River Stone Chophouse
1885 Governors Pointe Dr., Suffolk

The Dish Jumbo Lump Crabcakes

The Deal Two crabcakes with
Salt ’n Vinegar Potato Salad

The Cost $28

Crabmeat Jumbo lump

Coating None

Cooking Method Broiled

Filler Breadcrumbs

Sauce Green Goddess

Seasonings Old Bay Seasoning, mustard, scallion and horseradish

Binder Mayonnaise and egg

Other information “Our crabcakes are delicious and available at River Stone Chophouse, Vintage Tavern (also in Suffolk) and at The Blue Point (in Duck, N.C.).”
—Cindy McGann, co-owner.

Rudees on the Inlet Restaurant & Raw Bar
227 Mediterranean Ave., Virginia Beach

The Dish Crabcake Dinner

The Deal Two crabcakes with vegetable medley, steamed new potatoes
and a dinner roll

The Cost $20.95

Crabmeat Backfin

Filler None

Binder Mayonnaise and egg

Seasonings Old Bay Seasoning

Sauce Cocktail and tartar sauce

Cooking Method Customer choice - fried, broiled or blackened

Coating None

Other information “This is our original recipe that we opened up with 27-1/2 years ago, and these are our top sellers on the menu.” —Carter Turpin, owner.


Salacia Inside the Hilton Virginia Beach Oceanfront Hotel
3001 Atlantic Ave., Virginia Beach

The Dish Jumbo Lump Crabcakes

The Deal Crabcakes with roasted potatoes and vegetables

The Cost $26.95

Crabmeat Jumbo lump and lump

Cooking Method Customer’s choice: sautéed or fried

Coating Broiled-none Fried-seafood breader

Filler A touch of cracker meal

Seasonings Old Bay Seasoning, lemon chives, Texas Pete hotsauce, Worcestershire sauce and parsley

Sauce Tomato jam and mustard butter

Binder Mayonnaise and egg

Other information “All of the crabcakes are made in small batches; we find that is the best way to keep the lumps of crabmeat whole.” —Pete Stine, executive chef.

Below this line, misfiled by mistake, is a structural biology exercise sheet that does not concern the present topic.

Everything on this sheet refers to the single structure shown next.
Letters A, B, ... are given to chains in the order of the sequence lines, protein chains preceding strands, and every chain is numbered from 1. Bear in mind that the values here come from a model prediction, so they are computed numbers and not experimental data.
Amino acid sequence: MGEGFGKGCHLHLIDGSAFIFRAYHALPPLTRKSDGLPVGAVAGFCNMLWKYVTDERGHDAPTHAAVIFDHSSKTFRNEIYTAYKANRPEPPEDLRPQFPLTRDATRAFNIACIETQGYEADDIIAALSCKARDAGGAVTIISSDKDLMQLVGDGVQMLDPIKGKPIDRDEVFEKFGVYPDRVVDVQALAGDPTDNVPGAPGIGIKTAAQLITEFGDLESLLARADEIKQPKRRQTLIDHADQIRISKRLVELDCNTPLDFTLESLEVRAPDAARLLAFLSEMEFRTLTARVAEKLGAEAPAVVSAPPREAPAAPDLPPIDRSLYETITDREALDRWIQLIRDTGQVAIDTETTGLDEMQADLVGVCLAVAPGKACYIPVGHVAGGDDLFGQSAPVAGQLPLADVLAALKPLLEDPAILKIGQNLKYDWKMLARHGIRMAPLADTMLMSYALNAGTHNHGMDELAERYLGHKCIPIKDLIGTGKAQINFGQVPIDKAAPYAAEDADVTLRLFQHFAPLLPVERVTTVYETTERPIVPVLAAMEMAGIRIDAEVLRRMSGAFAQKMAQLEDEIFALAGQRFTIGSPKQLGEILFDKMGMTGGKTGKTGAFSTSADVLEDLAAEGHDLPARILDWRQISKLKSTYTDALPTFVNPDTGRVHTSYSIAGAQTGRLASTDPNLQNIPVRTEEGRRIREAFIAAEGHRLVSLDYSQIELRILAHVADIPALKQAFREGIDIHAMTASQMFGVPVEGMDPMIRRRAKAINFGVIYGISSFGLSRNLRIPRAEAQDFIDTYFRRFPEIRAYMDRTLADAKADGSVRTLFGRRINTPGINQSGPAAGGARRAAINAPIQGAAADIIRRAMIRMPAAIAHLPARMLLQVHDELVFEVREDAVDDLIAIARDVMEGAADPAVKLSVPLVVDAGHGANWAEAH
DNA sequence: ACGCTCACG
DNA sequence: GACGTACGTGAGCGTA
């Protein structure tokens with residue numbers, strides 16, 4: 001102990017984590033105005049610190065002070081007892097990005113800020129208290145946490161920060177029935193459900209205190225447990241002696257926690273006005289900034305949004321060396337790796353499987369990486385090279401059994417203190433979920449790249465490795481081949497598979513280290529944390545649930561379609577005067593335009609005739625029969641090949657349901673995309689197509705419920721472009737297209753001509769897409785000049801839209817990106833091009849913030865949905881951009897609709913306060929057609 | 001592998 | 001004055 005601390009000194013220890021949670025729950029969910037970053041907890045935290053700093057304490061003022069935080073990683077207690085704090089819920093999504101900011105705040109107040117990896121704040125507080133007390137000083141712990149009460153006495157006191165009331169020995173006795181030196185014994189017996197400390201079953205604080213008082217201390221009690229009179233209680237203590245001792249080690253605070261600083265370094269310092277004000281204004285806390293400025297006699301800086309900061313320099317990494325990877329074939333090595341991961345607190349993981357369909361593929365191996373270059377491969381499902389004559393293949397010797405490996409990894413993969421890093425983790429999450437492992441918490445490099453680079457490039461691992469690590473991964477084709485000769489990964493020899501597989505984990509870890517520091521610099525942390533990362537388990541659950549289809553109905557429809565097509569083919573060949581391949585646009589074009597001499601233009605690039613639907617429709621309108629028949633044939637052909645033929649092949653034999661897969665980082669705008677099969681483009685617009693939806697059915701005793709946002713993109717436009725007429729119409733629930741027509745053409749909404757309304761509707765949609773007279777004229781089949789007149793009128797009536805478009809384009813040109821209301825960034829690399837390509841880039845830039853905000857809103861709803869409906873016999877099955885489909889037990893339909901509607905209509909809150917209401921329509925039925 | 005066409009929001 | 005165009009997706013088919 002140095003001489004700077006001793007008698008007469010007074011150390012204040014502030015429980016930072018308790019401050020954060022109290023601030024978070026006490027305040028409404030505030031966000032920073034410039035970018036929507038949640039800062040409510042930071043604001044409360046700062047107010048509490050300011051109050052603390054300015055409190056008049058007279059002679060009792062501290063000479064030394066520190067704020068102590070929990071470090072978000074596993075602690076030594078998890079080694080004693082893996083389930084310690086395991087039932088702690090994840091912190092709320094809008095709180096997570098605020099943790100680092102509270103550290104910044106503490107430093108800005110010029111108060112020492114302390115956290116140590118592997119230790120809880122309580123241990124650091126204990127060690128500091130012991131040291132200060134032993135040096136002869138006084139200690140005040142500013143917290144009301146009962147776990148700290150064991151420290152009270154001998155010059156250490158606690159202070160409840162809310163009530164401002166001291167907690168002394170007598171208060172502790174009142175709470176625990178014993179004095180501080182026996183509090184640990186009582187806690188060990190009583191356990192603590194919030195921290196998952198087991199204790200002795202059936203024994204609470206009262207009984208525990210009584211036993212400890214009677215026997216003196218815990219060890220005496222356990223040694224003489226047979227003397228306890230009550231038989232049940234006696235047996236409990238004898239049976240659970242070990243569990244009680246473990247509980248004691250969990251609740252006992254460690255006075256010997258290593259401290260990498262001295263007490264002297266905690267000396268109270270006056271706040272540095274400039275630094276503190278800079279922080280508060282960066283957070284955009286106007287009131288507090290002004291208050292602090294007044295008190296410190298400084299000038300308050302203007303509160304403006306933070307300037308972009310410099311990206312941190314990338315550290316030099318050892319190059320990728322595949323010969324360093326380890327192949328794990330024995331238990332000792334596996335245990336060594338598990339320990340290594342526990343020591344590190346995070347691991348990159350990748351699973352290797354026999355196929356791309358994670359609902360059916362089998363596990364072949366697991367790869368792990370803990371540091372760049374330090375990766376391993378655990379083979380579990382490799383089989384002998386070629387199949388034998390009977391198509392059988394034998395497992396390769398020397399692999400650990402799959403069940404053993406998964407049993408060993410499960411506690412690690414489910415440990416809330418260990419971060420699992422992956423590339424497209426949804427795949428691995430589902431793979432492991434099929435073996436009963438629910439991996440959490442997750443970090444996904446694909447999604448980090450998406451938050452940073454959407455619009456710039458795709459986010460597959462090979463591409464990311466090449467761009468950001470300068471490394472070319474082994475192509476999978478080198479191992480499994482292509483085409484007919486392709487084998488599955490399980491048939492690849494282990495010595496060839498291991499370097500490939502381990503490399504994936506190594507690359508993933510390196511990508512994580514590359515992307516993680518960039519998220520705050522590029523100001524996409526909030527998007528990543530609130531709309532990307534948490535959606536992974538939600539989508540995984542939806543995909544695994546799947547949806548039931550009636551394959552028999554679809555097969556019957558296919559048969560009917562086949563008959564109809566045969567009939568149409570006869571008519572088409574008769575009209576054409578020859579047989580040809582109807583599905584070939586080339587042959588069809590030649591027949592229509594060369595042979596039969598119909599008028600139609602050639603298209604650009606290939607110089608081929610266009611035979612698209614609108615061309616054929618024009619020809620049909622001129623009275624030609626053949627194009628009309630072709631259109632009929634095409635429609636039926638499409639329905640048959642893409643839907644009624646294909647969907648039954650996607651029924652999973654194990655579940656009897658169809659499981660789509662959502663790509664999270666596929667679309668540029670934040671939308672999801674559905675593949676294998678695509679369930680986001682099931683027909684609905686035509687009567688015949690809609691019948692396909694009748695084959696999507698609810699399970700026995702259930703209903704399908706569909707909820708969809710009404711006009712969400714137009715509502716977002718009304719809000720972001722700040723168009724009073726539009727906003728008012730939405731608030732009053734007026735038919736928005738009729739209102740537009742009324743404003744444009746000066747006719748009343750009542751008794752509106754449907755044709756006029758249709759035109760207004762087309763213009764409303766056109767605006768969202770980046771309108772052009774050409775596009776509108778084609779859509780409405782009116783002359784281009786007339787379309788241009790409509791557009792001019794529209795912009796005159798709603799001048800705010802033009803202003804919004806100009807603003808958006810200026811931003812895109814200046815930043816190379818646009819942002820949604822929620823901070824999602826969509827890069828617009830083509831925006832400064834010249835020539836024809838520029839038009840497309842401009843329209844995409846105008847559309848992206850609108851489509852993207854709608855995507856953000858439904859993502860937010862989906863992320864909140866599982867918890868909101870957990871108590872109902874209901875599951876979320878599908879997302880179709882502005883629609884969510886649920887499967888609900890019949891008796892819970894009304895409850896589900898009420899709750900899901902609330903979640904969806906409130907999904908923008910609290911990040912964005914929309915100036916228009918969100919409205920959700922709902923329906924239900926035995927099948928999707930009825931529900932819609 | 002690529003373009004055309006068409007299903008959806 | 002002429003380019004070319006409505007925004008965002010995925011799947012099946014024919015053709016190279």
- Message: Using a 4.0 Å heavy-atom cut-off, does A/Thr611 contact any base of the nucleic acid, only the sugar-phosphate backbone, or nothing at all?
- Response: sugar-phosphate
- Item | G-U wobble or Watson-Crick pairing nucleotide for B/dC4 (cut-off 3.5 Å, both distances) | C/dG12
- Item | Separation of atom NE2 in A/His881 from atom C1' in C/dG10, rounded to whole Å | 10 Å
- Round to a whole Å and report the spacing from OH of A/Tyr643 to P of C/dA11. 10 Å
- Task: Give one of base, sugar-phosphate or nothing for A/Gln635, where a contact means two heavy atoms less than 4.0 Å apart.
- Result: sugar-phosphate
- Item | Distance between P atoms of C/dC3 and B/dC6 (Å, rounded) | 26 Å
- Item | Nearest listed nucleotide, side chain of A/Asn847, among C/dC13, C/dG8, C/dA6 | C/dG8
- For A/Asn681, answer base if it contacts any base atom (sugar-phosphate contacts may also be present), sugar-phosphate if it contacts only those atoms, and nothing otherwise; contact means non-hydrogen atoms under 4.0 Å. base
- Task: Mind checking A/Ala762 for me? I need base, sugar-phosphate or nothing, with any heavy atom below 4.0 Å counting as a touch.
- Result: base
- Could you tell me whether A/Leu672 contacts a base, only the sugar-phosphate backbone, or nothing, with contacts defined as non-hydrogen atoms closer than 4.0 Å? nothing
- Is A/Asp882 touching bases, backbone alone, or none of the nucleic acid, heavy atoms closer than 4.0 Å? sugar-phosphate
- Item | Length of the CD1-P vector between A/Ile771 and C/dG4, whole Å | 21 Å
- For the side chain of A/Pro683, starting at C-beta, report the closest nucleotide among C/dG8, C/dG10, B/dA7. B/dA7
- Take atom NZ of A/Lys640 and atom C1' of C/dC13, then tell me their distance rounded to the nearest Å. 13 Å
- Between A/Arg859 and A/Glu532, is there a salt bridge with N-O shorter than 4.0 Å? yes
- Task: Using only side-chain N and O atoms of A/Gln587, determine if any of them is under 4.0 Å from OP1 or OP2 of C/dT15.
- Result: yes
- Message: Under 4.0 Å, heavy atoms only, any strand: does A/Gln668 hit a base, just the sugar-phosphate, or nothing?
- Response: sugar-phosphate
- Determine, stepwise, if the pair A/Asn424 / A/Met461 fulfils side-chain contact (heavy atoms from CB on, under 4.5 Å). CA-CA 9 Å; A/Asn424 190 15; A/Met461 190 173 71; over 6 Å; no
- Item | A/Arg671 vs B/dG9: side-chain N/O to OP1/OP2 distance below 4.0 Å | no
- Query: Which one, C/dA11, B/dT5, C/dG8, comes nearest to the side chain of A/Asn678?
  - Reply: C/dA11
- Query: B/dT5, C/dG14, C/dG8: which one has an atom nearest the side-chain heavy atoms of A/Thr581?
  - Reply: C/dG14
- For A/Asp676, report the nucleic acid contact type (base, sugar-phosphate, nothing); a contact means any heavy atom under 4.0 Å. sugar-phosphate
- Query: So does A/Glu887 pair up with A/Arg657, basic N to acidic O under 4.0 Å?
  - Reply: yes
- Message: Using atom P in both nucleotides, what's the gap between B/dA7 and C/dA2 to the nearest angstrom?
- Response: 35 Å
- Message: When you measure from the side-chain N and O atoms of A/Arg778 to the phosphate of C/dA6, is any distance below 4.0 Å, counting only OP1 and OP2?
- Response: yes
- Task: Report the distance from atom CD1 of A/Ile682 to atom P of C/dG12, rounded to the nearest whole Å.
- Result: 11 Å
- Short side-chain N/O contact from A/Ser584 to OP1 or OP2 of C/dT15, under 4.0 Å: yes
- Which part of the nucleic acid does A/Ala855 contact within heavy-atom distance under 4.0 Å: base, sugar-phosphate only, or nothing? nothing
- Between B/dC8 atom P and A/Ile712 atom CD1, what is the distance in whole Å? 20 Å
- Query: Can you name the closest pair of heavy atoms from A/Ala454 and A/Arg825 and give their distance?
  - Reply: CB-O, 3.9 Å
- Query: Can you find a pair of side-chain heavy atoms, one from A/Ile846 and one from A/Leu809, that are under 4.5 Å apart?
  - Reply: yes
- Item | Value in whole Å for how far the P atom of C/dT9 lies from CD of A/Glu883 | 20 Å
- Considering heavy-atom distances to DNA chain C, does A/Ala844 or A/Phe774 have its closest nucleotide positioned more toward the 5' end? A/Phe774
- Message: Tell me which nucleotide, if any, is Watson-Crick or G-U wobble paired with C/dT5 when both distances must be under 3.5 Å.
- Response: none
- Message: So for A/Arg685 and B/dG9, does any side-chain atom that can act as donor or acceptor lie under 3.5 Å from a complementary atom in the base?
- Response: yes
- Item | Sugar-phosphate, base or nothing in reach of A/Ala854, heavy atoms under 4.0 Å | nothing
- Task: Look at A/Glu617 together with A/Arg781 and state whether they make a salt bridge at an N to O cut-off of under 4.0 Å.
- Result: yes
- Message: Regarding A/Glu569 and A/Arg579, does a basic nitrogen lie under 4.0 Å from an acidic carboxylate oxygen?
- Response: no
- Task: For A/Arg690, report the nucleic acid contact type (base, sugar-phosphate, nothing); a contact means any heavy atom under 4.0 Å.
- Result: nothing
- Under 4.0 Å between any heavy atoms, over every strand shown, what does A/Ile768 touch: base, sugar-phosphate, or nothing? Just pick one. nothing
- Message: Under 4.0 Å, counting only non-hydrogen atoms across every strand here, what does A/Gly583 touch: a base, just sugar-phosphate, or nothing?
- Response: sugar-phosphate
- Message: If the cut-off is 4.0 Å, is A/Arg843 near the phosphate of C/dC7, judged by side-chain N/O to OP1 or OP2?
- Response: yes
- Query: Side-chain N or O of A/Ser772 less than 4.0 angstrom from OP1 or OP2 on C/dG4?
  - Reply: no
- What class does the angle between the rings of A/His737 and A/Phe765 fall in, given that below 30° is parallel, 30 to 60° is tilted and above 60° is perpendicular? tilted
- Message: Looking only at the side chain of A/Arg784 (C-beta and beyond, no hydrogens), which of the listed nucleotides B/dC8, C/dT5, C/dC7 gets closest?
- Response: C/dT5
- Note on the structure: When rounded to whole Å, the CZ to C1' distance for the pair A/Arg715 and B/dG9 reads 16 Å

Swan Terrace Restaurant Inside the
Founder Inn

5641 Indian River Rd., Virginia Beach

The Dish Citrus Basil Crab Cakes

The Deal Two crabcakes served with an arugula salad and an avocado coulis

The Cost $28

Crabmeat Jumbo lump

Coating None

Binder Mayonnaise

Filler A touch of panko

Cooking Method Customer’s choice: sautéed or fried

Seasonings The crabmeat is tossed with orange supremes, fresh basil and fire-roasted red peppers; it is seasoned with lemon juice, salt and pepper

Sauce The avocado coulis is a puree of avocado with sour cream and fresh lime juice

Other information “Being from Maryland and making crabcakes all my life, I think the most important thing to remember is prepping in small batches. The more crabmeat in the mixing bowl ... the more you move (it) around ... the more you break up the lumps.”
—Eric Doarnberger, executive chef


Crab fast facts

Market forms: live or steamed whole; fresh, frozen and pasteurized crabmeat.

Seasonality: Available year round; crabs are meatier in the summer and fall months due to increased feeding activity in warmer waters.

Nutritional value: per 3.5 ounces — 83 calories; 18.1 percent protein; 1.1 percent fat; .32 percent Omega-3.

Harvesting: Caught in baited crab pots in the summer; often dredged in the winter when crabs lie in a semi-dormant state in bottom waters.


Virginia Marine Products Board;

Get HRM food editor Patrick Evans-Hylton’s exclusive and unique recipe: Chesapeake Bay Crab Cakes with a Twist,
by clicking the the

Note: the information included is provided by the restaurant. In some cases, restaurants offer a crabcake appetizer or sandwich in addition to the entrée; it is the entrée only that is highlighted in this article, as sometimes methods vary with other variations.

Readers Poll

Best crab cake entrée in
Hampton Roads

1. Vintage Tavern, Suffolk
2. Fire & Vine,
Virginia Beach
3. Flip Flops Grill & Chill, Virginia Beach

Best crab cake sandwich in
Hampton Roads

1. Joe’s, Portsmouth
2. Surf Rider, Virginia Beach (and other locations across the region)
3. Vintage Tavern, Suffolk

Best crab cake side dish in
Hampton Roads
(examples: slaw, hushpuppies, fries, etc.)

1. Hush puppies
2. Sweet potato fries
3. Coleslaw

Best crab cake sauce in Hampton Roads
(examples: cocktail, tartar, remoulade, etc.)

1. Tartar
2. Remoulade
3. None (tied with) green tomato
pico de gallo

Best meat for crab cakes
(types: lump/jumbo lump, backfin, claw, or combination)

1. Jumbo lump
2. Lump
3. Combination

Best filler for crab cakes
(types: bread crumbs, saltine crackers, buttery crackers, other or none)

1. None
2. Bread crumbs
3. Saltine crackers

Best binder for
crab cakes
(types: mayonnaise, egg, reduced cream, other (specify) or none)

1. Egg
2. Mayonnaise
3. Egg and mayonnaise

Best seasoning for crab cakes
(types: Old Bay, salt and pepper, hot sauce, herbs, combination, other or none)

1. Old Bay Seasoning
2. Salt and pepper
3. Hot sauce nHRM



For more articles like this one, see the September 2010 issue of Hampton Roads Magazine